Removing nails from salvaged jumber

Two years ago, I rore off the end of my house and put it back. It was a turn of the century post and beam addition and it had serious structural issues. The solution was to demolish and rebuild.
I now have a nice new kitchen 2-car garage, and a shop above.
When the old addition was demolished I had the wrecking crew save some of the smaller timers from the garage.... 4x6's. I would like to recycle the lumber into a small hutch for the kitchen. I think it would be cool to take a part of the old and work it into the new.
I have cut around the nastiest knots and splits and I think I can get a good 100 db ft out od what's left. Its softwood, but it's tight-grained old-growth. Unfortunately, there are alot of old cut nails in there. I have had minimal success trying to cut around them with a old cheapo plug cutter.
The cut nails tend to snap off rather than pull out unles nearly the entire nail has been excavated.
Does anyone have any good suggestions nail extraction?
BTW, Yes I bought a metal detector.
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Well, my wife's greenwing macaw bit the sh*t out of my hand the other day, and I feel sure that we could bring him by and he could just gorilla-fist (or beak) them out :)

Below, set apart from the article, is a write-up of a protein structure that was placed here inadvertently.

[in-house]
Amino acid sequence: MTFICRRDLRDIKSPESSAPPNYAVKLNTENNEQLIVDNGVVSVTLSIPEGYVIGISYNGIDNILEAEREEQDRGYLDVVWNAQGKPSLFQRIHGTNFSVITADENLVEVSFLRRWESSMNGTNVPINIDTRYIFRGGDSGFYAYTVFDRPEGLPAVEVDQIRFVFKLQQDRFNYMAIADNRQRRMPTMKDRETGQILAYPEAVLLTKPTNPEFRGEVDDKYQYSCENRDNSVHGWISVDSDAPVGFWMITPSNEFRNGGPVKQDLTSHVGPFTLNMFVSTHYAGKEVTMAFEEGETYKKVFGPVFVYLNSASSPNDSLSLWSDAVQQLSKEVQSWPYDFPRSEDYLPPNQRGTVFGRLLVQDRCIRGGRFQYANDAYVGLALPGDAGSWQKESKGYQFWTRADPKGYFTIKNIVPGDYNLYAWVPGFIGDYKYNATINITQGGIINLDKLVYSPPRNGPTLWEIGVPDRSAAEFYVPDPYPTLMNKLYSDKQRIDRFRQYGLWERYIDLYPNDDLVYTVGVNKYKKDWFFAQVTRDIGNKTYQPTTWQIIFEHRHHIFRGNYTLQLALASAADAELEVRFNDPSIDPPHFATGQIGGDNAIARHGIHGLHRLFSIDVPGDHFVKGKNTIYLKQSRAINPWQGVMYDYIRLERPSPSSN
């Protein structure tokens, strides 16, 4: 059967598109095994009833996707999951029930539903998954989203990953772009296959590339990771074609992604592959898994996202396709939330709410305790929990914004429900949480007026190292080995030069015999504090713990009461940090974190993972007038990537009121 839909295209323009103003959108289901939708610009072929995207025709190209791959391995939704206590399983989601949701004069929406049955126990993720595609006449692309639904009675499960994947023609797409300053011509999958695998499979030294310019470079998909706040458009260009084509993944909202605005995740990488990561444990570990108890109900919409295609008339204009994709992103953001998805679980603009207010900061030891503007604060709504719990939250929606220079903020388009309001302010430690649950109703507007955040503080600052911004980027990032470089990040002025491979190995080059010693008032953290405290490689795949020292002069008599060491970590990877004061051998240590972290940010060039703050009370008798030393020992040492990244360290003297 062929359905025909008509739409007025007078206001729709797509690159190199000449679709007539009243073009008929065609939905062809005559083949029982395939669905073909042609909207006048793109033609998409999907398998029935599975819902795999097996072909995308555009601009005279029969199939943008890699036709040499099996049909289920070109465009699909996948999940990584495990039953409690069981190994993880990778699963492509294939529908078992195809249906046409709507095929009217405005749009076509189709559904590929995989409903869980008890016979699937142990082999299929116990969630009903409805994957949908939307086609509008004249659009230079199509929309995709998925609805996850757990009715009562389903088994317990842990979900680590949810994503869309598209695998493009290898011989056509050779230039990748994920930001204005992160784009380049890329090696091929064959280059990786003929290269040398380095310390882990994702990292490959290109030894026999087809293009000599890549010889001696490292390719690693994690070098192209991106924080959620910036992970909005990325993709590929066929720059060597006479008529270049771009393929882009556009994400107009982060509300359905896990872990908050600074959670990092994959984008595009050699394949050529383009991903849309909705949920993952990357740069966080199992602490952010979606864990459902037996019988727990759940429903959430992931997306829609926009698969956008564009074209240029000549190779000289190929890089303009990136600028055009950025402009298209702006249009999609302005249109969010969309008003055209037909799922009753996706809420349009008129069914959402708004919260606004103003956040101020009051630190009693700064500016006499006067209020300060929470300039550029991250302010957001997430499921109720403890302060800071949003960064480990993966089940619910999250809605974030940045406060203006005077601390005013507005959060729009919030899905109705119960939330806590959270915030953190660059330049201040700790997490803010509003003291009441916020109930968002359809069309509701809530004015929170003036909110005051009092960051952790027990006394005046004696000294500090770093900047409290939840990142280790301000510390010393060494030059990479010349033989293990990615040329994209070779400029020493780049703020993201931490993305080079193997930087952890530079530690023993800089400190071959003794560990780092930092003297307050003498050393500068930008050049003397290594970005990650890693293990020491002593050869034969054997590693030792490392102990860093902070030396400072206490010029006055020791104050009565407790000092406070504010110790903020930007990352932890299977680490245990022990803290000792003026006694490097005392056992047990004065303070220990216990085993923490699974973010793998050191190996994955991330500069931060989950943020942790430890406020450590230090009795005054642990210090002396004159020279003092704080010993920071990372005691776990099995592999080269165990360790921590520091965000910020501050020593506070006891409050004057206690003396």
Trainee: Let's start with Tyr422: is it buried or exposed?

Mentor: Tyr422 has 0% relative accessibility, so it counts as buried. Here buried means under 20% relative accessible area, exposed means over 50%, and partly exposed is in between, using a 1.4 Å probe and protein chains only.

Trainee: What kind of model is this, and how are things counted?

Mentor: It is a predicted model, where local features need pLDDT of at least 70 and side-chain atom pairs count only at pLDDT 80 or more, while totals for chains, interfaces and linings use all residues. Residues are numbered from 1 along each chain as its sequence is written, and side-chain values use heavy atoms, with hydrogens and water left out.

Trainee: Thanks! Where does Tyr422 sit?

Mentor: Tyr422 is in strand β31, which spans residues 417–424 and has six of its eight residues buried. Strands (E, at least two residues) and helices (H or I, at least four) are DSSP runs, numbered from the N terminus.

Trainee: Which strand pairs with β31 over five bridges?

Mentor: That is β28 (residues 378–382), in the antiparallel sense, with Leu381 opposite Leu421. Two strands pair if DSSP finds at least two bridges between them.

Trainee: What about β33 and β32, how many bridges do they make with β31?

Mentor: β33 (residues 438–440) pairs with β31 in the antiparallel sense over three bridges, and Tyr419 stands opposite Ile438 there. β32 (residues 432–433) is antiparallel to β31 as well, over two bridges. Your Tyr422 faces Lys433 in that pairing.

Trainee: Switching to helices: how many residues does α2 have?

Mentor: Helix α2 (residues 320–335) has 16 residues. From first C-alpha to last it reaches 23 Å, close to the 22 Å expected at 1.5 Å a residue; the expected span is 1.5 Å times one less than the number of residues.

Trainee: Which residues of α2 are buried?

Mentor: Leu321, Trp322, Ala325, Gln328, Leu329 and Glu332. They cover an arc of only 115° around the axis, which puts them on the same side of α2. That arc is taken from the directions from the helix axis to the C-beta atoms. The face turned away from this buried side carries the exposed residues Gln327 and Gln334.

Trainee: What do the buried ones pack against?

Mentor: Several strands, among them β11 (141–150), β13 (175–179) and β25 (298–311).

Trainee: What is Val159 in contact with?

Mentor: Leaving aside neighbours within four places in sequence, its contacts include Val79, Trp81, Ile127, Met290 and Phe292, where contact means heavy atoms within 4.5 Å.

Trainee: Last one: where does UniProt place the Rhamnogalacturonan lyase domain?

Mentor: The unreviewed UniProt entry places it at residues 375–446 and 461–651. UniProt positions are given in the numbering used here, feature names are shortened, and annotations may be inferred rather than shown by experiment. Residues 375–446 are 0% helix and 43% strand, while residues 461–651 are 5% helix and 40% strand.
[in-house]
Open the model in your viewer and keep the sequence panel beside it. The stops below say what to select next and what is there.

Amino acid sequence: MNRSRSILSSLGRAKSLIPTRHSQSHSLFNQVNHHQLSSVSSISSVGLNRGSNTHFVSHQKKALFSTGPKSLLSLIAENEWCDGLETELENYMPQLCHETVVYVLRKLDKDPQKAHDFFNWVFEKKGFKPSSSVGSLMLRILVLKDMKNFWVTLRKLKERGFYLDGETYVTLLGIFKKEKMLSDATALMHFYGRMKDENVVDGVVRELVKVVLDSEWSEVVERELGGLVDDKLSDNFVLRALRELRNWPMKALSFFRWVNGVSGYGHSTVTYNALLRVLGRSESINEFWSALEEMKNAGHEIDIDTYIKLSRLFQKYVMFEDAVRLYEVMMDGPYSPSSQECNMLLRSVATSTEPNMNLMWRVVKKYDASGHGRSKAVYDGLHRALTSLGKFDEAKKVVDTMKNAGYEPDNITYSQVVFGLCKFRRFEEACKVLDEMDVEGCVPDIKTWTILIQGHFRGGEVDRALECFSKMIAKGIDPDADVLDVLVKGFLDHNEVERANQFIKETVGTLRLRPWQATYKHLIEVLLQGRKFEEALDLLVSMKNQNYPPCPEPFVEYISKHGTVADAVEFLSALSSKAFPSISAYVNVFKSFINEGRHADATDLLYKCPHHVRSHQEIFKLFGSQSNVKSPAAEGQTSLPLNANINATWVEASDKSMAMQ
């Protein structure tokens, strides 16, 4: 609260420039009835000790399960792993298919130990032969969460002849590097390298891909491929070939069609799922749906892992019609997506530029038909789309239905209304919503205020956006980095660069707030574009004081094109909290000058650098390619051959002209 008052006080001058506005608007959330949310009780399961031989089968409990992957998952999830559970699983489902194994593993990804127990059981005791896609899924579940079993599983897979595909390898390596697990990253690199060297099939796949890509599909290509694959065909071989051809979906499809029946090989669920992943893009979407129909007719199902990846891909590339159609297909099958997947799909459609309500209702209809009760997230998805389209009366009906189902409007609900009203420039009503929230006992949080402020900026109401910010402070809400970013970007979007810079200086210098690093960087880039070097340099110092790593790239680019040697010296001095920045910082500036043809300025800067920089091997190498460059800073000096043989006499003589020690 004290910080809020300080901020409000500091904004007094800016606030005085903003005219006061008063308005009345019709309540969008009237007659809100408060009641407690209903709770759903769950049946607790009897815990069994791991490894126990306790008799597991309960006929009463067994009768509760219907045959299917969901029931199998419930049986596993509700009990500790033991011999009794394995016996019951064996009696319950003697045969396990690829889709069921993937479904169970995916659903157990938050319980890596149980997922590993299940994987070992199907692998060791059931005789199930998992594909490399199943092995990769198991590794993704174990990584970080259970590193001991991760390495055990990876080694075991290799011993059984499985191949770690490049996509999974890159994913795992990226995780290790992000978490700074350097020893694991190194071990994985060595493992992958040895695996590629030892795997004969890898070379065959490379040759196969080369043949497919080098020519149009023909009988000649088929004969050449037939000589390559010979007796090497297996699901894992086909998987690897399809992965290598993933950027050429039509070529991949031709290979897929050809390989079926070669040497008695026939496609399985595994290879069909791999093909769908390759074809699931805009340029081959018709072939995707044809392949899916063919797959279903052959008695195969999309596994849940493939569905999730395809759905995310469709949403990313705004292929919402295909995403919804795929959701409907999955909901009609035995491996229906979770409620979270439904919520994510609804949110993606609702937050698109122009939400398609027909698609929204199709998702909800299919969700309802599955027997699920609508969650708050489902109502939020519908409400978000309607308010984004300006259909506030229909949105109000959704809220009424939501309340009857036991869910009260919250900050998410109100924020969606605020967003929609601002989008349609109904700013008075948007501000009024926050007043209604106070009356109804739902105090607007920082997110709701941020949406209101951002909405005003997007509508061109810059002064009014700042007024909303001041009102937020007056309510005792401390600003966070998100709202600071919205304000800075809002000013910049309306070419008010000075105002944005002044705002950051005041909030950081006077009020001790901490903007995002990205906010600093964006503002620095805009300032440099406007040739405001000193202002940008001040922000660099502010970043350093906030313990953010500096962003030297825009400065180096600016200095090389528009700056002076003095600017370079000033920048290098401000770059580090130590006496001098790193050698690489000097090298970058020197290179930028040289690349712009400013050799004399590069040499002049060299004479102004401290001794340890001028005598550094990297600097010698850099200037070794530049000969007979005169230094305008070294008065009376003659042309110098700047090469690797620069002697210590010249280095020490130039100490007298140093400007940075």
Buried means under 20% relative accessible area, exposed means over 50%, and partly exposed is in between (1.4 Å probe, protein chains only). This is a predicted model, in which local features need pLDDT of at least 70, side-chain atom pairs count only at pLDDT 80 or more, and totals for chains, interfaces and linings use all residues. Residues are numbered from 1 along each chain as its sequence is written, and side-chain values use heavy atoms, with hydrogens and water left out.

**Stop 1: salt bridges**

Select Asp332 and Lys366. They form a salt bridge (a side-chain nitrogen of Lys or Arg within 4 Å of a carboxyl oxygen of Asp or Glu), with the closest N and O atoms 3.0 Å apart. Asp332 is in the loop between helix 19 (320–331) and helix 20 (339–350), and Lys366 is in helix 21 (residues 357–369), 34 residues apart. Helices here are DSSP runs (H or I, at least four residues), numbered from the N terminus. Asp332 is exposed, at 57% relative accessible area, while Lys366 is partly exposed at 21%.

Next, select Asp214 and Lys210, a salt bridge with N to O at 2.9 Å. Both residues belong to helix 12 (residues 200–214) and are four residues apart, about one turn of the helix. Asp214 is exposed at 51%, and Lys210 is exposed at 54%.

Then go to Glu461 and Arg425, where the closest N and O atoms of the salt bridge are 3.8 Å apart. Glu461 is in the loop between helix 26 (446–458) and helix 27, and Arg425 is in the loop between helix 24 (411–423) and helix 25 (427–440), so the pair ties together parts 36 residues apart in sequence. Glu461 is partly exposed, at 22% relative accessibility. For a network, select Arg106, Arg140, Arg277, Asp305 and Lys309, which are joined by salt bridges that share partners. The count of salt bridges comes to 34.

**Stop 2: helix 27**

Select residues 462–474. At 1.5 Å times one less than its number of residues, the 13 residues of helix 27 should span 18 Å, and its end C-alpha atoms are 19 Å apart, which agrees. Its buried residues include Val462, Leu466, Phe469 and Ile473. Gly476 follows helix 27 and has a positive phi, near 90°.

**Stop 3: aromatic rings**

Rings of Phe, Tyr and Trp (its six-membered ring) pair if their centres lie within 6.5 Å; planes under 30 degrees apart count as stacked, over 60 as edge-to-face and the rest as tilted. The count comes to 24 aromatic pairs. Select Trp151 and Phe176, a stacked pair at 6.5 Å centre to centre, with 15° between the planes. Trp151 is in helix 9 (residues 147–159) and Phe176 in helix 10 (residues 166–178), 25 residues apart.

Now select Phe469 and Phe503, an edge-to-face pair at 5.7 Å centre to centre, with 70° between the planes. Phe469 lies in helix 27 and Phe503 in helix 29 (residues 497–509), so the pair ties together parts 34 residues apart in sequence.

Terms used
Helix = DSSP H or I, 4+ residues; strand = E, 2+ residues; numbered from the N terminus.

-Phil Crow
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Define "a lot" of nails. Could you use a propane torch to heat the nails, charring the surrounding wood to allow a bit more wiggle room? Pat
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take
I, too, think it's cool to use old wood for projects and I have removed hundreds and hundreds of nails(and parts of nails) from old, used wood. I first used a _Little Wizard_ metal detector but found out the hard way it was a POS even with 'adjusting' the sensitivity suggested by the manufacturer. I now have the _Little Wizard_ s big brother the _Lumber Wizard_ and find it to be what I need. It, too, has to be used with a bit of care. Once the nail head is broken off or the nail embedded in the wood it is a MAJOR task to remove the remainder. Believe me, I have tried just about everything....plug cutters, screw extractors, drilling it out etc & etc. My current method is drilling around the piece of metal, being careful not to break the bit, and chopping it out with a sacrificial chisel. Finally, I check for ittey bittey pieces with the Lumber Wizard. I use a cheap, sharp saw blade in my Unisaw to cut the wood to size and old blades in my planer. Larry
--
Lawrence L'Hote
Columbia, MO
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wood
careful
Thanks Larry
I too have a lumber wizard. It FINDS the pieces just fine. It sounds as though extraction is just tough going, grunt work. I will have to plug some of the holes but that's OK for this project... I think it juts adds to the character some.
Cheers,
Steve
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"Stephen Meier"writes:

You could always get creative with "Dutchman", especially contrasting colored ones. BTW, quite common in yacht joinery.
--
Lew

S/A: Challenge, The Bullet Proof Boat, (Under Construction in the Southland)
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In rec.woodworking